To My Father On Mother's Day

To My Father On Mother's Day

For the first 49 years of my life, my father and I had this sort of relationship:

FATHER: Hello.
ME: Hi father! It's me!
FATHER: Hold on, here's your mother.

It wasn't that we had any animosity toward one another, we just never talked. And if we had to talk, it was normally very awkward. An excerpt from my recently published memoir, 14 Days: A Mother, A Daughter, A Two-Week Goodbye (Savio Republic), highlights one of these conversations as my dad and I were driving to the hospital to visit my mom.

"Talking to my dad one-on-one was always a very stilted venture. Most of our conversations during my life took place with my mom as a go-between. A sort of translator between the two of us. We never had much to talk about, I guess. And that morning wasn't any different.

"Soooooo..." I said, drawing out the word 'so,' hoping that it would trigger a topic, or at least six or eight more words to complete a full sentence. "I see they remodeled the Taco Bell," pointing to the fast food restaurant at the side of the road.

My dad, just as awkward in his response said, "Yeah, it's been a couple years now. Your mother likes Taco Bell. She likes those chalupas. That's some good Mexican food, that Taco Bell."

"Those chalupas are good," I added."

Air fillers. Time passers. Words between two people whose sole purpose was to fill a hole without much interest in each other beyond that. And if there was interest, permission had not yet been granted to open that door. To cross that line.

Until one day, about a month after my mom had passed away, my phone rang and it was my parents' number on the screen. My first impulse, of course was, "Oh my mom..." until I had to remind myself that calls from my mom wouldn't be coming in any longer. I picked up.

ME: Hello, father?
FATHER: Hi Lisa. What are you up to today?

Taken aback, I hesitantly responded.

ME: Ummmm...nothing. Just driving to work. What are you up to?
FATHER: Nothing. Just missing your mother.
ME: Me, too, father. Me, too.

The door slowly opened. A hand was extended.

And so began our morning ritual. A relationship born from the seed of my mother's death. He at 90. Me then at 50. He in Michigan. Me in California. And today, four years later, he joins me every morning on my way to work via Bluetooth as I fight my way down the 405 freeway. A welcome presence to an otherwise grueling commute.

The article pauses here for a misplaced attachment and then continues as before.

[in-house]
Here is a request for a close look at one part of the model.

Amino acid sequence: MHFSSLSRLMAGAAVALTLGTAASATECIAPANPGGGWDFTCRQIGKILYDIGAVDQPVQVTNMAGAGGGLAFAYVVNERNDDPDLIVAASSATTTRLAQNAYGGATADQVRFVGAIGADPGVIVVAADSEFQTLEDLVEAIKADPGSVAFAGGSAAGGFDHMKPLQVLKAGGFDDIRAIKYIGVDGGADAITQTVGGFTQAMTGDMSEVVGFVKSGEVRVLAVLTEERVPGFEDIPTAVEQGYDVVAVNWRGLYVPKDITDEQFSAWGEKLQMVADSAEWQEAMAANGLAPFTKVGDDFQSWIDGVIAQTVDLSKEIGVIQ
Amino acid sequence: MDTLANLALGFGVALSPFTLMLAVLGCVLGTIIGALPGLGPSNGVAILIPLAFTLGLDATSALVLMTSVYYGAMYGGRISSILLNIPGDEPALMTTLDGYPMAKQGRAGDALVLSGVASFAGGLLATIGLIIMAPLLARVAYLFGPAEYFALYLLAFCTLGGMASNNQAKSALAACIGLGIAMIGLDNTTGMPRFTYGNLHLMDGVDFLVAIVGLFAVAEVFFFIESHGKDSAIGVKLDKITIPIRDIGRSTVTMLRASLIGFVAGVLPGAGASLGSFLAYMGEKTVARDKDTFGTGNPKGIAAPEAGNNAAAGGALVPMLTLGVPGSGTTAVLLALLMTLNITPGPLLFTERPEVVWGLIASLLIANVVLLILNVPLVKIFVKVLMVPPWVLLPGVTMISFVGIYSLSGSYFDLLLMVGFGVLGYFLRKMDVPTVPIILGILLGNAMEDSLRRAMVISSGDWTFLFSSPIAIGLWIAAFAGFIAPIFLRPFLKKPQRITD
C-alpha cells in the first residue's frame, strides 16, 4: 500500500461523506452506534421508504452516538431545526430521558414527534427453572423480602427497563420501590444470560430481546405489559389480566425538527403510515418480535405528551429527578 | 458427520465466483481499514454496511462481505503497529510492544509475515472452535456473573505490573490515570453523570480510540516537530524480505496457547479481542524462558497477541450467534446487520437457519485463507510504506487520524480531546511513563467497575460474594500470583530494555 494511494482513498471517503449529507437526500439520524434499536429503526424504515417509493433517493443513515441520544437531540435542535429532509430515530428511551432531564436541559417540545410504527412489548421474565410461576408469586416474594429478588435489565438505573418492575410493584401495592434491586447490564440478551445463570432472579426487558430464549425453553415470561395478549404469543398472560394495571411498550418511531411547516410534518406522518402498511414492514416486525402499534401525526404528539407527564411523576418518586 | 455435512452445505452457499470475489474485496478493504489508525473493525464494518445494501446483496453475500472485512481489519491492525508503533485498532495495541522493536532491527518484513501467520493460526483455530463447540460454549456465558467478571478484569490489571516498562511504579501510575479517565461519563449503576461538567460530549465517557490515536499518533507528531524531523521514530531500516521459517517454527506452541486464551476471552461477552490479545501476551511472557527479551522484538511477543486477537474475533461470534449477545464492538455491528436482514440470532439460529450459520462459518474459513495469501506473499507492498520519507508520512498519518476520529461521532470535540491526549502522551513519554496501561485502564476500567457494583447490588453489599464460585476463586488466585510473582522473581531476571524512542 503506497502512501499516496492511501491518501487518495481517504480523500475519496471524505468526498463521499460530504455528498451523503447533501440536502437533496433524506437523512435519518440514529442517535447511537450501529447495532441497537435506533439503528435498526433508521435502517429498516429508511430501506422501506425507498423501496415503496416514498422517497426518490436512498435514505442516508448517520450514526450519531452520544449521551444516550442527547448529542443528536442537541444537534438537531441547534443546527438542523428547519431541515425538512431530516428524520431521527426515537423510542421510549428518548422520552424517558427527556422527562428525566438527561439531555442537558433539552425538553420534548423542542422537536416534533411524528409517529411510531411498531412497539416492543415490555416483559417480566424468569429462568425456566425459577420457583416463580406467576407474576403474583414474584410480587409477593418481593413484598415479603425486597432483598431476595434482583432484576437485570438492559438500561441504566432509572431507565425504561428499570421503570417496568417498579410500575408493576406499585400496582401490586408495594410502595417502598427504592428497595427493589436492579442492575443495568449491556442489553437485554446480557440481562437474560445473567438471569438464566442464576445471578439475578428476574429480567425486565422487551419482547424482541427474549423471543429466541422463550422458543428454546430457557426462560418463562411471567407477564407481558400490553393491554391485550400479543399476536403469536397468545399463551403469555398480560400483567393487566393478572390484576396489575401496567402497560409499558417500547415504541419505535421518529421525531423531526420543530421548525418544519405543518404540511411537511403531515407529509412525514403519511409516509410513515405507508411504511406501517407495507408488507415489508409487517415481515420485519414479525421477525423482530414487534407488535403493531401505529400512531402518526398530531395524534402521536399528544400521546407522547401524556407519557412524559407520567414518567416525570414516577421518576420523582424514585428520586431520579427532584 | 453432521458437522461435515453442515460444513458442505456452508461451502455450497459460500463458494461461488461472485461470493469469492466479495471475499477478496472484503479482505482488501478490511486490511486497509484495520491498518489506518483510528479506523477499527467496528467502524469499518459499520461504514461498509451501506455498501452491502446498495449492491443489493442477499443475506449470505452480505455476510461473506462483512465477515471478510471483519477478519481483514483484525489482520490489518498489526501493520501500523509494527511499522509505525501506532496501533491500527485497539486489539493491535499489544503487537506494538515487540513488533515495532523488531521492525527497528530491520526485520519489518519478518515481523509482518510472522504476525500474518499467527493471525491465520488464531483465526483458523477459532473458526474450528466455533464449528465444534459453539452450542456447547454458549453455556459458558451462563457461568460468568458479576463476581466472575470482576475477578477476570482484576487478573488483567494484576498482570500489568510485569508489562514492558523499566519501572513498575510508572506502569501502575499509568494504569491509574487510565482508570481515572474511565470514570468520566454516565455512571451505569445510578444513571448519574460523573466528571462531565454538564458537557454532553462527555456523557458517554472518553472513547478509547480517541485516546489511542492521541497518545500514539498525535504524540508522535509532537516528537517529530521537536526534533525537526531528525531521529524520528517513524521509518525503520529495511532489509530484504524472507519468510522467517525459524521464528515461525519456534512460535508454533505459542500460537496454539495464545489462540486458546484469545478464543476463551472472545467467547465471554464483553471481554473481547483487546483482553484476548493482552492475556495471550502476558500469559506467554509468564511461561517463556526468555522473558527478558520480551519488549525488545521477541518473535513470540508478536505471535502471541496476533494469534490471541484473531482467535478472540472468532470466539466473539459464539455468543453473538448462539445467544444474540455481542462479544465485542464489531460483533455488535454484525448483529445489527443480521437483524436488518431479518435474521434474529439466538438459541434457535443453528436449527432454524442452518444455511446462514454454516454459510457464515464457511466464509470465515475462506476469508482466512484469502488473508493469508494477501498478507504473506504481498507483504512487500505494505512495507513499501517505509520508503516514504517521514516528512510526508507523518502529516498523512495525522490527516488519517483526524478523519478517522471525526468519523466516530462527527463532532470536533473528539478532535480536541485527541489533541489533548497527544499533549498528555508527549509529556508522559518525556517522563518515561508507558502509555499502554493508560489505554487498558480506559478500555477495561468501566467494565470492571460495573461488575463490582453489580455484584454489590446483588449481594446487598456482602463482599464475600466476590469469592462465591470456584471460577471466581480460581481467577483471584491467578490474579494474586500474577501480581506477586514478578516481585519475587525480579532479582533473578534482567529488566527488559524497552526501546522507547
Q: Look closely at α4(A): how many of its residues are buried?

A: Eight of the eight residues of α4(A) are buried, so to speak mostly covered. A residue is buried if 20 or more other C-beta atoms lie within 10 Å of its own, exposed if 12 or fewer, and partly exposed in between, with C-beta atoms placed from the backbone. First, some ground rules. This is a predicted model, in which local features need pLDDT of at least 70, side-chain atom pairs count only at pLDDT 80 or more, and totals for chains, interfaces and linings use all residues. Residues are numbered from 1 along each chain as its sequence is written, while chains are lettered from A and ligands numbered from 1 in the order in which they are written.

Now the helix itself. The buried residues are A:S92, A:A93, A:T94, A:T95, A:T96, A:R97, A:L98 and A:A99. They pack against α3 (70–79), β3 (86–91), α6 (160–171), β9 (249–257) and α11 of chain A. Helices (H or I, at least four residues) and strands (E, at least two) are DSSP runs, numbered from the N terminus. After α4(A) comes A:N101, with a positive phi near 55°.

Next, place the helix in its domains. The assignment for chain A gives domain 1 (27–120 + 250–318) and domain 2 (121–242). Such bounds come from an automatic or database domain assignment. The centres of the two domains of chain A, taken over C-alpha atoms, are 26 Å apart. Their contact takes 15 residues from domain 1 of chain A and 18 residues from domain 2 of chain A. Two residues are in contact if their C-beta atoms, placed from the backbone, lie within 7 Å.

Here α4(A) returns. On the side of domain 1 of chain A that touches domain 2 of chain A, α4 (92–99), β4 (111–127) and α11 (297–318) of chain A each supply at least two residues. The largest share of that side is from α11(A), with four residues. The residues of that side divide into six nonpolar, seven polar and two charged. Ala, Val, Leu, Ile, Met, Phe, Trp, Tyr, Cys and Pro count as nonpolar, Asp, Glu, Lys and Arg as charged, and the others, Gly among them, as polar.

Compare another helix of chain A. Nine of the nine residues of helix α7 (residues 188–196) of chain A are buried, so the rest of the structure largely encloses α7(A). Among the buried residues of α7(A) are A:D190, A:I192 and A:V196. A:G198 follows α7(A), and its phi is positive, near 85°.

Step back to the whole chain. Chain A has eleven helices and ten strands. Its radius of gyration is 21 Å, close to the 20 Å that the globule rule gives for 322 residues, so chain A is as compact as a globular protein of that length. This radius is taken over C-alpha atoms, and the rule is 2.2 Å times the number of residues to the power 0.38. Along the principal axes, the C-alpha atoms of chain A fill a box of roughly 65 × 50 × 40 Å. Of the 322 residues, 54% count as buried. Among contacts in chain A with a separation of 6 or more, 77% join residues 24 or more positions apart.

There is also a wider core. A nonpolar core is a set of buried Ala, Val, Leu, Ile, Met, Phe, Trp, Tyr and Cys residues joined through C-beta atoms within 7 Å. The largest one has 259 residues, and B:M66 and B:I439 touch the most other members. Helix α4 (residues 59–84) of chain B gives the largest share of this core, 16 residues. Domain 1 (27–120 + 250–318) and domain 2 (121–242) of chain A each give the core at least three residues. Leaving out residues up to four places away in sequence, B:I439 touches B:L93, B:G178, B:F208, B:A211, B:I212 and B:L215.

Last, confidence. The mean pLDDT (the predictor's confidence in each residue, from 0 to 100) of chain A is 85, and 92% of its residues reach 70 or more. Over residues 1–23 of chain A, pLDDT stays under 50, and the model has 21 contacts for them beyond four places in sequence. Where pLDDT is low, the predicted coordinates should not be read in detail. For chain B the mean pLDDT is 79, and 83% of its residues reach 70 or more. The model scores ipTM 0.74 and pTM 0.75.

Sometimes we talk about his life at his new independent living facility:

FATHER: Joe died. "Giuseppi," as we called him. They had a sign-in sheet at the desk for the bus to his funeral.
ME: Did you go?
FATHER: No. No one signed up.
ME: That's sad.
FATHER: But 7 people signed up to go to the casino.
ME: At least they have their priorities. Poor Joe.

Sometimes we talk about my mother:

FATHER: I talked to your Mother today. I always talk to that pretty picture of her.
ME: What did you talk about?
FATHER: I asked her if she knew what day it was.
ME: What did she say?
FATHER: She said she didn't know.
ME: What did you say?
FATHER: I told her it was our anniversary. She said she didn't know that. I told her it was 65 years! She said, "Oh yeah. Now I know. Now I know."
ME: In Heaven maybe they don't have calendars or celebrate holidays anymore.
FATHER: I guess not. But I told her Happy Anniversary, anyway.

Sometimes we discuss politics:

FATHER: Well that Melania will certainly be the most sexual first lady we've ever had.
ME: What about Martha Washington?
FATHER: I'm sure some found her attractive.

And sometimes we simply talk about our day:

ME: Did you do anything fun last night for New Year's Eve?
NICK: We had dinner at noon, played bingo at 2 and had a party at 6.
ME: Was the party fun?
NICK: Fun? Nobody knows the songs! They don't sing the songs, they just verbalize them! 'Auld Lang Syne...Auld Lang Syne..." Sing the damn song! We sang Old McDonald and all anyone knows is 'E-i-e-i-o!"

And over the past four years, since losing my mom, I've realized things about my dad I never knew before. He's funny. He's good. He's kind. And he's a great conversationalist and companion. I look forward to his phone calls every morning. I make mental notes of things to talk to him about every day. Had my dad preceded my mom in death - which is probably how I would have scripted it years prior - I would have never had this time to get to know this man and call him my friend.

So to my father, my new mother, I say, Happy Mother's Day.